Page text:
Combatting the Biological Burden of Pain, Part 2

Author: Emily Bartley

Dr. Bartley: There have been a number of studies that have looked at various interventions in terms of reducing stress responsiveness, also reducing gene expression that’s associated with enhanced inflammatory signaling. I think this is probably an area that is really going to start to burgeon and we’re  going to start to see some nice effects from some of these interventions. I think that in terms of treatments to invest in, traditionally we’ve been focused on kind of a vulnerability path. What are the vulnerability and the risk factors associated with pain, its development, its maintenance? And not that we should exclude that, because that’s a key piece of the puzzle, but I think that we should also take a dual perspective, not just these vulnerability factors but really focusing in on the resilience factors – what are personal strengths that can help people adapt to the complexities of pain? Being able to incorporate both of these into a treatment package may have some benefits in bolstering our current pain therapies.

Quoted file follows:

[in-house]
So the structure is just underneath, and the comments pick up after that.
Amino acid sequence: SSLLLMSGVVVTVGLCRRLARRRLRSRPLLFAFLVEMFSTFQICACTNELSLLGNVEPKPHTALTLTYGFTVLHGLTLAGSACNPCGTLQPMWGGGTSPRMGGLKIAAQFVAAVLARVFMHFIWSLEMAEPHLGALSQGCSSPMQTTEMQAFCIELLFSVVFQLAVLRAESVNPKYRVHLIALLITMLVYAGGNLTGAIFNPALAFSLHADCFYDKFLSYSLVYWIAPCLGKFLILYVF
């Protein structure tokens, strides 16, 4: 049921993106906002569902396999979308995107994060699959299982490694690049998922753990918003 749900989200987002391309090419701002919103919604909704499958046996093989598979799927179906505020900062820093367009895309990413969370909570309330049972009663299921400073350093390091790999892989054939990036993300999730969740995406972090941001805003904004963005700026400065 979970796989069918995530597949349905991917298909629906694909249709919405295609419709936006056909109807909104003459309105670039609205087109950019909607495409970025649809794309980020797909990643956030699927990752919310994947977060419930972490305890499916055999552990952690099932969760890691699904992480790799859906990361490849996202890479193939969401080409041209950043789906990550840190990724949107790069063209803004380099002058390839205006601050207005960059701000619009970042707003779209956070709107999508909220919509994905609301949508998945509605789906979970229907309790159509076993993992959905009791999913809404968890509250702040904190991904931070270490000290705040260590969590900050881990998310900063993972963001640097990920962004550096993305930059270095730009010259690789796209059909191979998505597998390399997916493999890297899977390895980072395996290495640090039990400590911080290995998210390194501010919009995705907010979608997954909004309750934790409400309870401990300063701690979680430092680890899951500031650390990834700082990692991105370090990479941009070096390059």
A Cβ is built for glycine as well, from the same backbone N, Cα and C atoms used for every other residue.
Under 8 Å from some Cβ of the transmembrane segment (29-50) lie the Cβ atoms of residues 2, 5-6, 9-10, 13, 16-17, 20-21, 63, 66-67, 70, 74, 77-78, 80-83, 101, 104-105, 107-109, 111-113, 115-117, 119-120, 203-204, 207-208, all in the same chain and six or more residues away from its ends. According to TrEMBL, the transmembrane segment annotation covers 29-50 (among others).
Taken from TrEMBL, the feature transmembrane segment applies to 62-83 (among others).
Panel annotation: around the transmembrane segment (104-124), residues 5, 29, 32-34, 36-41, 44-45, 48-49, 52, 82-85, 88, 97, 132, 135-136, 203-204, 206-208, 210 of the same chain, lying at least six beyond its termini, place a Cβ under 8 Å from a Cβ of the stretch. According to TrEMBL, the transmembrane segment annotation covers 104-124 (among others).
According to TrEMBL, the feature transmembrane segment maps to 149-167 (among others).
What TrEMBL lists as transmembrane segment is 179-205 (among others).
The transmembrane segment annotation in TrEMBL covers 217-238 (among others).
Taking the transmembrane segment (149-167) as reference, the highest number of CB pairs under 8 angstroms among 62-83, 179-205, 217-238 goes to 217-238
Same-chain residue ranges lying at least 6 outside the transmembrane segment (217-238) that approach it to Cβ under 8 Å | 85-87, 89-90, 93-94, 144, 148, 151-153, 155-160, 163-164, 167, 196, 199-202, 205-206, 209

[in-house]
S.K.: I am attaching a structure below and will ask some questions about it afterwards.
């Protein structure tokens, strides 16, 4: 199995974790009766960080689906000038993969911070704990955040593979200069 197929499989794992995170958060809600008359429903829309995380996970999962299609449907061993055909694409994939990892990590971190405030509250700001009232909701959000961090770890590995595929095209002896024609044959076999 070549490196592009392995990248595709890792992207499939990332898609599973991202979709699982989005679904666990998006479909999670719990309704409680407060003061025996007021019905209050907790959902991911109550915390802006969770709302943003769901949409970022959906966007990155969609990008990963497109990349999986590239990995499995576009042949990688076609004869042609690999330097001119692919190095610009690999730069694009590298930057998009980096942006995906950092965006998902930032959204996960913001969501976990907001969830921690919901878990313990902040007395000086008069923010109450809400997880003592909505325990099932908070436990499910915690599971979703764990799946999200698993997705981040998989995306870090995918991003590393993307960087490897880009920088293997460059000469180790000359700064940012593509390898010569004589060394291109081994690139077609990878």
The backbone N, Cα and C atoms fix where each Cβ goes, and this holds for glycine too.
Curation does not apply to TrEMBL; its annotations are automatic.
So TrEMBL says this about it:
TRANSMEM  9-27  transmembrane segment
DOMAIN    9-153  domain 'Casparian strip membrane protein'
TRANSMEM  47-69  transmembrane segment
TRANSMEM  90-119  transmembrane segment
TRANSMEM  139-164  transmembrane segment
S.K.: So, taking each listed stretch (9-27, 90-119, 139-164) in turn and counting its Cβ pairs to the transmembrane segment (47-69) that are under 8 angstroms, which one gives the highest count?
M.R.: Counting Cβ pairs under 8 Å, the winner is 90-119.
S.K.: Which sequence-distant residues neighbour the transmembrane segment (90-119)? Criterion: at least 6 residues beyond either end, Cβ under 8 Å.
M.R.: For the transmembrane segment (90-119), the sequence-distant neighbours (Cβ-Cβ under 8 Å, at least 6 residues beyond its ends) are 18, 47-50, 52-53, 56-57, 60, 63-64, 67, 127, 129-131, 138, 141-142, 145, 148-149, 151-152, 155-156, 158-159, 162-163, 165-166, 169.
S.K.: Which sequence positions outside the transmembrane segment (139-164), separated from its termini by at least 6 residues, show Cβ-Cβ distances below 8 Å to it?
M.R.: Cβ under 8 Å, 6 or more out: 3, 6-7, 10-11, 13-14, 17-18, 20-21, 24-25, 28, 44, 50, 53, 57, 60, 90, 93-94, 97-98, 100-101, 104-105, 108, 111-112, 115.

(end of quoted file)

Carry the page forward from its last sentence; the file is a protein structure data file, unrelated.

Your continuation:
Dr. Sibille: And just to reiterate Dr. Bartley’s comments from the brain’s perspective, we can enhance functioning, we can target things if we think of the brain like a muscle. Resilience factors allow for a focused effort to hopefully develop those abilities and skills. By working with patients and not only trying to reduce the risk factors but also develop the things that we want them to have in order to function more effectively, that’s where I think we’re going to see an improvement in outcomes. I think clinicians have a unique opportunity to encourage where people can take action and demonstrate initiative that would be beneficial to them.

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